Hyperglycemia Nursing Diagnosis and Nursing Care Plans

Last updated on May 16th, 2022 at 04:54 pm

Hyperglycemia Nursing Care Plans Diagnosis and Interventions

Hyperglycemia NCLEX Review and Nursing Care Plans

Hyperglycemia is the medical term used to describe high glucose levels in the bloodstream. High blood sugar occurs when the body has insufficient insulin or cannot utilize insulin adequately.

Furthermore, numerous factors, notably diet and physical activity preferences, comorbidities, non-diabetes maintenance medications, and omitting or not taking enough glucose-lowering medicine can all lead to hyperglycemia, especially in diabetic patients.

Additionally, hyperglycemia must be addressed immediately. If left untreated, it can progress to chronic hyperglycemia which can lead to serious health consequences needing emergency medical care, such as a diabetic induced coma.

Prolonged hyperglycemia can also lead to health issues which may cause damage to the eyes, kidneys, nerves, and heart in the long run.

Causes of Hyperglycemia

Hyperglycemia can result from various causes, including:

  • Not receiving the correct insulin or other glucose-lowering medicine dosages.
  • Consuming a greater quantity of carbohydrates than usual
  • Having a lower level of physical activity than typical
  • Disease or infection
  • Significant levels of anxiety
  • Physical trauma, such as orthopedic injury
  • Dawn phenomenon: Increased cortisol and growth hormone hormones cause the dawn phenomenon. These hormones stimulate the liver to produce additional glucose, which gives an individual the energy needed to wake up.

Risk Factors to Hyperglycemia

Numerous factors can trigger hyperglycemia, which include:

  • Diabetes Mellitus or a history of diabetes type 2 in the family
  • A previous history of gestational diabetes
  • For women, medical history of PCOS (Polycystic Ovary Syndrome)
  • Obesity or excess weight
  • Hyperlipidemia. It is defined as having lipid levels in the blood greater than average.
  • Hypertension or High blood pressure
  • Inadequate use of insulin or oral diabetes medicine
  • Incorrect insulin injection or use of expired insulin
  • The patients are not adhering to their diabetes dietary plan.
  • Inactive lifestyle
  • Having a disease or infection
  • Utilization of some drugs, such as steroids
  • Physical injury or undergoing surgery
  • Emotional stressors such as family discord or professional issues

Disease or stress can induce hyperglycemia because the hormones released to counteract illness or stress might cause the blood sugar to rise.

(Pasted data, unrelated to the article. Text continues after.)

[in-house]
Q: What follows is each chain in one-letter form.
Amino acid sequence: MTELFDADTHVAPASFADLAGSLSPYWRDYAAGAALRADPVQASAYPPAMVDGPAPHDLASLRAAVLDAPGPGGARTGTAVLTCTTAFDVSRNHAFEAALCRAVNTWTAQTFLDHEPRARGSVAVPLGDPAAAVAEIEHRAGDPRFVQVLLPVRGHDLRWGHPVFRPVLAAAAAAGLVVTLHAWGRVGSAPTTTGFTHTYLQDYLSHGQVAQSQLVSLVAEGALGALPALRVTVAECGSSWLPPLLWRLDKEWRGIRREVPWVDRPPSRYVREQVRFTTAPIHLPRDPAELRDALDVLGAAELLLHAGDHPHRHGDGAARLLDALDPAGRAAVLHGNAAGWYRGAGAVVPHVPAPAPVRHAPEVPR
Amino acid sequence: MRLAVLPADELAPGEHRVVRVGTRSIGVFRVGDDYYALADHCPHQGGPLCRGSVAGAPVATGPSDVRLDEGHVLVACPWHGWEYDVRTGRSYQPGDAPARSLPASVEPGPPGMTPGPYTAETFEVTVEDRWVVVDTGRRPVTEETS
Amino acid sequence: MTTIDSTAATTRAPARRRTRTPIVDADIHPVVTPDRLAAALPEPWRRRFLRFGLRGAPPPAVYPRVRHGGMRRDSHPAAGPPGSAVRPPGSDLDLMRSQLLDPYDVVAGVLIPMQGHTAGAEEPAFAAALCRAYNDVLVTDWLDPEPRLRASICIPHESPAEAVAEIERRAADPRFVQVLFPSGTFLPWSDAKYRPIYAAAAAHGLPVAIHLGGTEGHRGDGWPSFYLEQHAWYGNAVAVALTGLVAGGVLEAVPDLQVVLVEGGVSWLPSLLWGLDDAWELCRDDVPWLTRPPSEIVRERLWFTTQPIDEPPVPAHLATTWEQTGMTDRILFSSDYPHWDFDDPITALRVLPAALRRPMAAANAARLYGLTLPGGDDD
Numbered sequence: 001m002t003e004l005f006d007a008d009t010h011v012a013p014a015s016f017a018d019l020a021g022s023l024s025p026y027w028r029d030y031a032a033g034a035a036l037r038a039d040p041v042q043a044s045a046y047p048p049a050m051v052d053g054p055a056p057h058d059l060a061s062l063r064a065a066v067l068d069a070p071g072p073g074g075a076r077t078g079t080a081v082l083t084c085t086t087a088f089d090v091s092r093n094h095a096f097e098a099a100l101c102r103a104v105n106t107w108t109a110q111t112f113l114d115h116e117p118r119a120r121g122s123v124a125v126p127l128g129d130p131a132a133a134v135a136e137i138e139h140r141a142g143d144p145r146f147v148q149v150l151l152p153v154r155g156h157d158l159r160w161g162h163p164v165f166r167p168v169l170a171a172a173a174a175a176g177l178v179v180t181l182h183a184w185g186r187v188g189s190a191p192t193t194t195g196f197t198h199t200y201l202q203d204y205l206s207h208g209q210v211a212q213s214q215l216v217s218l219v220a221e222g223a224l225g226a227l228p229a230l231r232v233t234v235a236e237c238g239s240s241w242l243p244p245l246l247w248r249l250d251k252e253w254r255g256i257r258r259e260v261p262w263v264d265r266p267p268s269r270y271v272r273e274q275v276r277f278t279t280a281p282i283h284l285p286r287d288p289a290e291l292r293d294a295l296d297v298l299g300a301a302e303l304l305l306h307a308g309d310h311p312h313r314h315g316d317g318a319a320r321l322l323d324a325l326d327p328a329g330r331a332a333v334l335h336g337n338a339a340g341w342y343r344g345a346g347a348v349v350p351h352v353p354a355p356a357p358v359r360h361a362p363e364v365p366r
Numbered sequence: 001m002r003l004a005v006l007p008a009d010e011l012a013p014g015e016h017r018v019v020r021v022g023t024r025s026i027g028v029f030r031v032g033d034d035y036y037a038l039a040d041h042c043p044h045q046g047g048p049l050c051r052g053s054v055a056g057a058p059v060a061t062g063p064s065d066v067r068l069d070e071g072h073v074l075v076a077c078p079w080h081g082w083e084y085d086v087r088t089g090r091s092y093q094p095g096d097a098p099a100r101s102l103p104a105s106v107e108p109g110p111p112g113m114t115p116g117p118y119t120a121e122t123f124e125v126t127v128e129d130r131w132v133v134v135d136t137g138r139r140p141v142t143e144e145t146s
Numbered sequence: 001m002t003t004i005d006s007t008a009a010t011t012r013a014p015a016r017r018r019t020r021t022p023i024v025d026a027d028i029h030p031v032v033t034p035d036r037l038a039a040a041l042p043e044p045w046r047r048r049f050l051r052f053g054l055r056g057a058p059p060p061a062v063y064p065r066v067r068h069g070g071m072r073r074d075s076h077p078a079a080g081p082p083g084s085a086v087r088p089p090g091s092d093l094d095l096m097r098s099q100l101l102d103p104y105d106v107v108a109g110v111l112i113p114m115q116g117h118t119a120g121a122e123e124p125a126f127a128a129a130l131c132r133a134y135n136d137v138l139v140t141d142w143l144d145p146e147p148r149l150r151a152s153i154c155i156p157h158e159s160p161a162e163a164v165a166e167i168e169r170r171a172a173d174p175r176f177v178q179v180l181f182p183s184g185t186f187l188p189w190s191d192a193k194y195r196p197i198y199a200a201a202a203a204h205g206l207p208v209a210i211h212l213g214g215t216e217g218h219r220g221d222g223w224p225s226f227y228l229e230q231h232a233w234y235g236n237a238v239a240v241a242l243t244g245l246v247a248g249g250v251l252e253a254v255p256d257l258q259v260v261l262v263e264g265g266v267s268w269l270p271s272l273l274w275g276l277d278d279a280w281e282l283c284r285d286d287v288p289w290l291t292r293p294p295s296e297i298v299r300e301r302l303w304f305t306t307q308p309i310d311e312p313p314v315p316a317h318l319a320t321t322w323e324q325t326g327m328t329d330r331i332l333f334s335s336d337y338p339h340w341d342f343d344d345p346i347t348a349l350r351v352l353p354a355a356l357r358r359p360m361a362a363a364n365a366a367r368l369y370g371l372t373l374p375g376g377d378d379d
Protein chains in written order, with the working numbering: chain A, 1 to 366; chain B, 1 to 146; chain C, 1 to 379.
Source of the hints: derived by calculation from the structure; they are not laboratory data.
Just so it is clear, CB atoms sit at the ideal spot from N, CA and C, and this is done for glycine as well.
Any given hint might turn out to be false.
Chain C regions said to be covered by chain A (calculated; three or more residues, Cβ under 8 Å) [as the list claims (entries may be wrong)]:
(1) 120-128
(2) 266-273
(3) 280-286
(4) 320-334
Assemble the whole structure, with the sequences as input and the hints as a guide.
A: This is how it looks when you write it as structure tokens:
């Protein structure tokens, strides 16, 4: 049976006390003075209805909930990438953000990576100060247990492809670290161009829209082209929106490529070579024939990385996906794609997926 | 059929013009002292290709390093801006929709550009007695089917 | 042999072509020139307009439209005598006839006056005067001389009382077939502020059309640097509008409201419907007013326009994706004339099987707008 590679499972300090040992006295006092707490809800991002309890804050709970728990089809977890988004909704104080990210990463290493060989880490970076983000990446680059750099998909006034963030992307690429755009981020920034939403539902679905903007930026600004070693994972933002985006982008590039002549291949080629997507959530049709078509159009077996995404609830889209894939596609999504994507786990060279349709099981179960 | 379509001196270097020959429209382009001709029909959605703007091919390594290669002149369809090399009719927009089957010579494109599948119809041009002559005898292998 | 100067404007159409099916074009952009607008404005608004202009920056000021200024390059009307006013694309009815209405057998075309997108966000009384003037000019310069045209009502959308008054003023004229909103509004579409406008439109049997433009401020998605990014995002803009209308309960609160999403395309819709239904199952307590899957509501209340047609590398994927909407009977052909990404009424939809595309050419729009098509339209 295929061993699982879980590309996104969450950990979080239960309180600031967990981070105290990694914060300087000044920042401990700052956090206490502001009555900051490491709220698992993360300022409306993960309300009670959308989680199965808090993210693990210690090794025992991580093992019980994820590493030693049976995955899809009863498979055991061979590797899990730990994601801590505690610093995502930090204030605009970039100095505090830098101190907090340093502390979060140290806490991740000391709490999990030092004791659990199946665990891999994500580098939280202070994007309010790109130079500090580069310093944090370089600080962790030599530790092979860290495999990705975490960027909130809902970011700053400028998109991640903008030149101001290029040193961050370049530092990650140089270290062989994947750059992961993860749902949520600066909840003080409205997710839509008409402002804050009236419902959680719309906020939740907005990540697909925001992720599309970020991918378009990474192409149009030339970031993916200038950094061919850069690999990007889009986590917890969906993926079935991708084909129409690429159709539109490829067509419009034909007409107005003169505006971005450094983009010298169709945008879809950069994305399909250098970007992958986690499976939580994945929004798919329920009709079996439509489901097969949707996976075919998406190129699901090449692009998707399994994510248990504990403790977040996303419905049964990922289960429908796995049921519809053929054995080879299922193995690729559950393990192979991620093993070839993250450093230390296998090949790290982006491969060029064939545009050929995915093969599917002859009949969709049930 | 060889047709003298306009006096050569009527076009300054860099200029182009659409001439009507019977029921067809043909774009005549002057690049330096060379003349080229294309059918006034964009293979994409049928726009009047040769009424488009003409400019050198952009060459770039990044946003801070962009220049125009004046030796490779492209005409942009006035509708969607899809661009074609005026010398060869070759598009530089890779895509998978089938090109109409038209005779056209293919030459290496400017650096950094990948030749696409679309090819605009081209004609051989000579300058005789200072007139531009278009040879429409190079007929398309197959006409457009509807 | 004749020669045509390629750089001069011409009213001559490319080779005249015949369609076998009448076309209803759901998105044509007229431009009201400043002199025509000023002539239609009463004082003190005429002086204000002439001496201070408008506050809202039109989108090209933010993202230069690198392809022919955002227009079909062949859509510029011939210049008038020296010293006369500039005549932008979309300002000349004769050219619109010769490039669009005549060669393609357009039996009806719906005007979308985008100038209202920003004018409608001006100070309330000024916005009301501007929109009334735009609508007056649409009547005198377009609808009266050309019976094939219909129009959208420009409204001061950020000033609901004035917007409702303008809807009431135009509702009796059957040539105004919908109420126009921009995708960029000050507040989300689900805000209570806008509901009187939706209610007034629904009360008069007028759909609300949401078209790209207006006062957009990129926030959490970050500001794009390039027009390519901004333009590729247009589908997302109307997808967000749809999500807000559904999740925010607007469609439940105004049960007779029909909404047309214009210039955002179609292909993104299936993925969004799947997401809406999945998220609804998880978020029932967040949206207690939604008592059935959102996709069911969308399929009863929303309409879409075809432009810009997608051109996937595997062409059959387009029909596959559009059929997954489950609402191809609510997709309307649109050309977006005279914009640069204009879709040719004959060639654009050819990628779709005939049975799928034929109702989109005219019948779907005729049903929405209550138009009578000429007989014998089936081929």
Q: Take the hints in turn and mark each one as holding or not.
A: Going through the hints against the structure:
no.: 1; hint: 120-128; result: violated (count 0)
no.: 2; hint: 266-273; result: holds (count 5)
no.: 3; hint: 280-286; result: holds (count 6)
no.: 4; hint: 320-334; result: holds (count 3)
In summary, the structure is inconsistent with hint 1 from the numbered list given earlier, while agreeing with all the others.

Even those individuals without diabetes may experience transitory hyperglycemia during severe infection. Patients with diabetes, on the other hand, may need to take more diabetes medicine to keep blood glucose levels close to normal during sickness or tension.

Signs and Symptoms of Hyperglycemia

Symptoms of hyperglycemia do not appear until glucose levels are sufficiently increased — typically beyond 10 to 11.1 millimoles per liter (mmol/L), or 180 to 200 milligrams per deciliter (mg/dL). Hyperglycemia symptoms appear gradually over several days or even weeks.

The more prolonged blood glucose levels remain elevated, the more severe the symptoms develop. Nevertheless, some patients with type 2 diabetes who have had it for an extended time may not have any symptoms while having high blood glucose levels.

Early warning signs and symptoms

Recognizing hyperglycemia’s early signs and symptoms can help manage the illness as soon as possible. Look out for the following signs:

  • Polyuria (Urination that occurs frequently)
  • Polydipsia (heightened thirst)
  • Polyphagia (Excessive hunger)
  • Blurry vision
  • Exhaustion
  • Migraine

Signs and Symptoms that appear later:

If hyperglycemia is not addressed, harmful acids (ketones) can accumulate in the blood and urine (ketoacidosis). Among the signs and symptoms are:

Diagnosis of Hyperglycemia

  • Monitoring of target blood sugar levels. Below is the suggested target blood sugar levels before meals for many people with diabetes:
    • Around 4.4 and 6.7 mmol/L (80 and 120 mg/dL) in adults aged 59 and under without any other significant health issues.
    • Around 5.6 and 7.8 mmol/L (100 and 140 mg/dL) for those aged 60 and older, those with other medical disorders such as cardiac, pulmonary, or renal disease, or those with a history of hypoglycemia (low blood sugar) or difficulties identifying hypoglycemia manifestations.